Not pfSense related.. but i hopefully someone can help



  • Hey, so from the shell, does anyone know if its possible and hoe i can create a script that i can run which will ping all my client antenna IP's for a set amount of time, and output the results for each IP to a text file that i can check out later?

    so for example i want it to run: ping -c 1000 192.168.10.100  and do this for each IP address that is in the script, and output its findings to a txt file.

    I am having issues with clients (who are all connected via antenna) having slowness problems with web browsing, but i cant see this problem when i check out their connection.  SO i was hoping maybe this to be a good way to say run this for a long amount of time, various times throughout the day to see whats happening.

    Looking forward to your responses.



  • I think the best way to monitor your link is using nagios or zabix.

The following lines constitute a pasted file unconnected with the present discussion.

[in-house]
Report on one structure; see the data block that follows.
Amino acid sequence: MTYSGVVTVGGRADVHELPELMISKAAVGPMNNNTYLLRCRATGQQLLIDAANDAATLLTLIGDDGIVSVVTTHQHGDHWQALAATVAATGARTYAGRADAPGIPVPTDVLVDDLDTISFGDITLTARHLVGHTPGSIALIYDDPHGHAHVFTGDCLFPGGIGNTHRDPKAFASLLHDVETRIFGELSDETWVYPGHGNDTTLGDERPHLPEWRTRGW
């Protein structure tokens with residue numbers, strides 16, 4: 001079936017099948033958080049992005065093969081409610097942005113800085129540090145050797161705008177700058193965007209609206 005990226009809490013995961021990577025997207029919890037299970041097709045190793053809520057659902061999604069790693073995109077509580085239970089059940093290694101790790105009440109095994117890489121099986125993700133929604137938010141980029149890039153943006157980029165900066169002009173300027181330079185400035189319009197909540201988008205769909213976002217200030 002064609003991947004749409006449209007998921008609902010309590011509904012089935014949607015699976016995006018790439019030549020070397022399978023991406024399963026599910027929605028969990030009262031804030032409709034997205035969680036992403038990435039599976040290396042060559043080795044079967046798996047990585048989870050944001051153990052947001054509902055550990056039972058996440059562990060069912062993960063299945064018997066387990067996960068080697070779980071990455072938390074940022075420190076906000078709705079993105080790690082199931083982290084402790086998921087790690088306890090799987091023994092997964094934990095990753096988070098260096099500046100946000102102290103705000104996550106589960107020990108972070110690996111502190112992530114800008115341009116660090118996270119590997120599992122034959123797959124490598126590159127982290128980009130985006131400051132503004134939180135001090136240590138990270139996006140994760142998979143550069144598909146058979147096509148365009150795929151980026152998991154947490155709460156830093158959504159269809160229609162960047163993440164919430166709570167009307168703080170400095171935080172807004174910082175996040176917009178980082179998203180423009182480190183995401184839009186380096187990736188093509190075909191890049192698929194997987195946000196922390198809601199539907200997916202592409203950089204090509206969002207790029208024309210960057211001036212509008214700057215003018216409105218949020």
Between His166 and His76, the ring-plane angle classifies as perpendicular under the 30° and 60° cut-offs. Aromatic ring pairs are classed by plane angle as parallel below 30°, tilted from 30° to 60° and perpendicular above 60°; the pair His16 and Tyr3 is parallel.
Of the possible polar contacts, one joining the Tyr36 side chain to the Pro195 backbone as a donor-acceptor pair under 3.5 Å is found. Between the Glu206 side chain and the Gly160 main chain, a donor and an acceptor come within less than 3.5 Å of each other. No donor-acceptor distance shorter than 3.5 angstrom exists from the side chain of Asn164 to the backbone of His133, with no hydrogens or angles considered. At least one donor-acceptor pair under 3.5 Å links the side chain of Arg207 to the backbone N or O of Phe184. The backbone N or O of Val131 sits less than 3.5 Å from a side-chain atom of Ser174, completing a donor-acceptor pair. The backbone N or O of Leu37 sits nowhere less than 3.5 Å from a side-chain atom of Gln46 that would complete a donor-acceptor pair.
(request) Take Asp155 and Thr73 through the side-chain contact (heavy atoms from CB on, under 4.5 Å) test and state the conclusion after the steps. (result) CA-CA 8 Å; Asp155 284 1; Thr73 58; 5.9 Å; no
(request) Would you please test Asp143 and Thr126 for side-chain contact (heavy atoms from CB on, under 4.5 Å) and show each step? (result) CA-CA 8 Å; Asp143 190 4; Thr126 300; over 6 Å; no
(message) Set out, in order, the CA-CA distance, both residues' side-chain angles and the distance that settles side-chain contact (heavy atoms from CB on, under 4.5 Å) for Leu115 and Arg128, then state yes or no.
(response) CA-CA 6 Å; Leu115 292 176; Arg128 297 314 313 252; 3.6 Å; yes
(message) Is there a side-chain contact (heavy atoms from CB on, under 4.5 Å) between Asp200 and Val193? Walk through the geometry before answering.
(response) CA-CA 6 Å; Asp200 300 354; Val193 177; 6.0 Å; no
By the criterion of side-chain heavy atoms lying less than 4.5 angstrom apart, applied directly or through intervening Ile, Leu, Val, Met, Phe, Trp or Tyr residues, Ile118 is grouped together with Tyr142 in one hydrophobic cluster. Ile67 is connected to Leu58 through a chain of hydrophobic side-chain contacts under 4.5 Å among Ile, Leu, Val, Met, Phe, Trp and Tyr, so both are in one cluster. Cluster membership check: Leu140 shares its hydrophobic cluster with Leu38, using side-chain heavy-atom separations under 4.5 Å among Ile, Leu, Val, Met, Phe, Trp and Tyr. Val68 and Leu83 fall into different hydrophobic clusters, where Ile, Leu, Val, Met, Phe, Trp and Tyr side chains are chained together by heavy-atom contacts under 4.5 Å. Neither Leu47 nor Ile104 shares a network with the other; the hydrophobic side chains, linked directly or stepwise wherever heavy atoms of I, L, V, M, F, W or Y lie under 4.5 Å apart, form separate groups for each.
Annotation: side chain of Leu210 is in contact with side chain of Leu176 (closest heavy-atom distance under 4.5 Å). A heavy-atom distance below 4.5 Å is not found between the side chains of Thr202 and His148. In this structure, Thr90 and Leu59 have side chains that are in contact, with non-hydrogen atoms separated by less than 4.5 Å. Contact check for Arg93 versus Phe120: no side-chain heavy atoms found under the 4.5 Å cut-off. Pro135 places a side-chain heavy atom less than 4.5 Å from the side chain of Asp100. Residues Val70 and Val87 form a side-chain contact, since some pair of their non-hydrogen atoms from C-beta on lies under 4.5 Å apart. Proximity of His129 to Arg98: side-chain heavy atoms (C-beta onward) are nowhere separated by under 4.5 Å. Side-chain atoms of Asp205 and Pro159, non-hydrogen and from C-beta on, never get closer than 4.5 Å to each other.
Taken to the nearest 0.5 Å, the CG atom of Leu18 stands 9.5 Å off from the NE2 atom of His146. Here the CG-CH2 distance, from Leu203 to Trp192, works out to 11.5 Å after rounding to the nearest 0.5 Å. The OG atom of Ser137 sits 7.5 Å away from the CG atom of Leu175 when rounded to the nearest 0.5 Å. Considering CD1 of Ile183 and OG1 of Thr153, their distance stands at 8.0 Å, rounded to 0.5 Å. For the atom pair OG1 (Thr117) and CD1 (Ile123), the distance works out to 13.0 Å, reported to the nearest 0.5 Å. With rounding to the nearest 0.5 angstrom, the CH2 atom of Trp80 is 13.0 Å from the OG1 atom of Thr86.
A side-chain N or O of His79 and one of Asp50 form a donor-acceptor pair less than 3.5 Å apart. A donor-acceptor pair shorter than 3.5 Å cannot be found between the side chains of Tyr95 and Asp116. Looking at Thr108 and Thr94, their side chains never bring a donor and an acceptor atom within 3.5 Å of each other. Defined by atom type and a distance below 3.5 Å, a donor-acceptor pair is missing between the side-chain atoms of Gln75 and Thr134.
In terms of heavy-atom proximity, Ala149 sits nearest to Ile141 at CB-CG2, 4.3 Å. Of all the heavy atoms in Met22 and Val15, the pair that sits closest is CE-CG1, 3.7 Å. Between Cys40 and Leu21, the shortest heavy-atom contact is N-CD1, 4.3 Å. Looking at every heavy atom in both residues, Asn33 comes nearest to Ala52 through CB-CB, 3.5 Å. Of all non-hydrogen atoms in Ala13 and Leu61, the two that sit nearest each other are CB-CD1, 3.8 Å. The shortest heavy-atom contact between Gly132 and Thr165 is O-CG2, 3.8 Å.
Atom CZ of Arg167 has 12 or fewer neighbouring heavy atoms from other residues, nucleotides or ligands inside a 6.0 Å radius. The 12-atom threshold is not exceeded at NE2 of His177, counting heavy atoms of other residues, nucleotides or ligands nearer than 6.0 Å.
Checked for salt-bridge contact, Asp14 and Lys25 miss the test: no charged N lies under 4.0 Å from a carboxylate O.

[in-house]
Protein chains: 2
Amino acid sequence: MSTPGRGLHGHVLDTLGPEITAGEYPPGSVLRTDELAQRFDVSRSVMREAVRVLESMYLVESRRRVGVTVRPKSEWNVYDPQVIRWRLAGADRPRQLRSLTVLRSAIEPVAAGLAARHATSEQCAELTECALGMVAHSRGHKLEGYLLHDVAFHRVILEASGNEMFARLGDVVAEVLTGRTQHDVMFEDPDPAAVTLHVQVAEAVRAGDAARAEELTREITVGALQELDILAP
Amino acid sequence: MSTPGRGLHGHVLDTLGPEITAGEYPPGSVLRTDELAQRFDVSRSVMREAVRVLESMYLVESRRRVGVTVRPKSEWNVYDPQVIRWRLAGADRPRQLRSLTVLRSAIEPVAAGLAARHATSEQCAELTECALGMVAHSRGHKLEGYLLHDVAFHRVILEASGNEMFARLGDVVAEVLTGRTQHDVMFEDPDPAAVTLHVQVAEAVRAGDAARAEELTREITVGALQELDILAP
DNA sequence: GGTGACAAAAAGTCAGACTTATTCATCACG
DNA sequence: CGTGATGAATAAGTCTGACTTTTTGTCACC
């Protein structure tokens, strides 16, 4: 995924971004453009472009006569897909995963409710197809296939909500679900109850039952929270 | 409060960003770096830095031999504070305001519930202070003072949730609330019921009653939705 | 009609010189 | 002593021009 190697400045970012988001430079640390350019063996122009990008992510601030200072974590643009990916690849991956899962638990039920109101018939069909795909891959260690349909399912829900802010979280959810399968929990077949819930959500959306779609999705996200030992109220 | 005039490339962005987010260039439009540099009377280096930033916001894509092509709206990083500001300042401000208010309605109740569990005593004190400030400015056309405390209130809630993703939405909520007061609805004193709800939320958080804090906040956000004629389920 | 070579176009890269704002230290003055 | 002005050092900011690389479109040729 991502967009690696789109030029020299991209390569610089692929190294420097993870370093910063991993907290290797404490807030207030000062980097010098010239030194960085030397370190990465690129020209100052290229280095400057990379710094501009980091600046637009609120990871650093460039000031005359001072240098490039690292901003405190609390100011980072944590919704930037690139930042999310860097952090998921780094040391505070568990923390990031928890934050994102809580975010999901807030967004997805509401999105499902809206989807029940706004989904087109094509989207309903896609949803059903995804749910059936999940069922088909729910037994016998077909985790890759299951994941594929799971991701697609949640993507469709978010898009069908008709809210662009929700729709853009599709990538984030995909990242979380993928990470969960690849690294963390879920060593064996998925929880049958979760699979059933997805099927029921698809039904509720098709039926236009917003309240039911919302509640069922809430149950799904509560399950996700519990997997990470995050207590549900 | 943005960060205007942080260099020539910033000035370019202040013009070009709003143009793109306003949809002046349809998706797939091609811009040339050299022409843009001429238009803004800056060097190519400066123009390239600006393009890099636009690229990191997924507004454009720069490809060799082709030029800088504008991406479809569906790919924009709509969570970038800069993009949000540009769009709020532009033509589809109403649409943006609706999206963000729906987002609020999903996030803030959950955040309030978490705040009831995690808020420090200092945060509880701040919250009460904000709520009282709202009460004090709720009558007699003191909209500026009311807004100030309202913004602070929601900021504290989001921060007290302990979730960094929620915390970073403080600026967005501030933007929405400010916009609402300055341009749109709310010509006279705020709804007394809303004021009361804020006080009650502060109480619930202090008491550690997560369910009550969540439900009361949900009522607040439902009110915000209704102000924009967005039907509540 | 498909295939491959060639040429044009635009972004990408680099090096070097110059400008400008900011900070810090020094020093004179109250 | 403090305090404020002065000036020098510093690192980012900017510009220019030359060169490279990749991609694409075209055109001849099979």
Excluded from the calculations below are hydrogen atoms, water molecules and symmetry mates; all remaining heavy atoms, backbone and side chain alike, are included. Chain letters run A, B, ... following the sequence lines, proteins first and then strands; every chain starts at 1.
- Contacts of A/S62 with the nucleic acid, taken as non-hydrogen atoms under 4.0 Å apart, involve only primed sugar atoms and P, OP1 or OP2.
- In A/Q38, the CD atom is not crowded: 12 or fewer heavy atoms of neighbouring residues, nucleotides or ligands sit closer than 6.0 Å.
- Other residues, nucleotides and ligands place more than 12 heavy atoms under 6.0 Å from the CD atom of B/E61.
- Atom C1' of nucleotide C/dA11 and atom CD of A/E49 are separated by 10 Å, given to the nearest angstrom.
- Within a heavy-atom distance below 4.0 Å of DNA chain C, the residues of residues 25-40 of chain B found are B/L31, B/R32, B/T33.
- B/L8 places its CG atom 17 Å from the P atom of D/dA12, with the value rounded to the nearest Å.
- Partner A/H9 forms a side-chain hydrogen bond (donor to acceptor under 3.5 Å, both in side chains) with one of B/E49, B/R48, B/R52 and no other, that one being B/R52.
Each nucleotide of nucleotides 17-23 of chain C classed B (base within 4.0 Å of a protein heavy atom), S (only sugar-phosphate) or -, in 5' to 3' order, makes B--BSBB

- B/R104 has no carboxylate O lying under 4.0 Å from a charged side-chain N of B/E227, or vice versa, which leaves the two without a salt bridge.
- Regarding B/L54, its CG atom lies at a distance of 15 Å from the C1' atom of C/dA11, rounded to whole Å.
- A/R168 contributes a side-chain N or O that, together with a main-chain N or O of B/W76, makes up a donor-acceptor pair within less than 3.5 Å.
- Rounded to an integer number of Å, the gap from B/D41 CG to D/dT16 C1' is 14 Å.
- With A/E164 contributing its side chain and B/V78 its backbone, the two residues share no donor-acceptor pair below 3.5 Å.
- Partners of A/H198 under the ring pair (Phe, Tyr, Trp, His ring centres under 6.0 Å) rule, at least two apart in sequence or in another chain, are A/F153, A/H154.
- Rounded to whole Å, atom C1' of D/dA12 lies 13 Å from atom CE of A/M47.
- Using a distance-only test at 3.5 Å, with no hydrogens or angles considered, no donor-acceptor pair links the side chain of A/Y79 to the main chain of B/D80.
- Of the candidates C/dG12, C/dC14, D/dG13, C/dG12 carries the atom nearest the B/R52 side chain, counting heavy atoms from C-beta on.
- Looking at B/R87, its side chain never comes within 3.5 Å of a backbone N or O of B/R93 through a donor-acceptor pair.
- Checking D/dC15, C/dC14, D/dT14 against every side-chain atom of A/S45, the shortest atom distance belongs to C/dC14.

Logging ping is just the first step on monitoring.



  • Thanks for that.. i'll take a look at those. Have never heard of either so will see how it goes.

    What i would love is somehow having a way of testing the bandwidth of one of my clients links, for example i allocate them a connection of 2mb/1mb and they complain about speed, i would like to be able to check their connection, similar to going to a speedtest site from their computer, but doing this from my server.  Something that tellls me that their antenna is receiving 2mb/1mb or if not, then what are they receiving.

    I don't know if this is possible?



  • Hey,

    you can write a script which does the ping for you and wrote the results to a file. the shedule the scripte you can use cron (pfsense package) and start the package - lets say every 12h or so.

    But please don't ask me to write this script for you - I can not.



  • Iperf is very usefull to test bandwidth, take a look on it.



  • You could add the IPs you want to monitor as gateways under "routing". (even though these probably arent actual gateways).
    Under RRD-graphs quality you can now see how the delay to these configured pseudo-gateways behaves over time.


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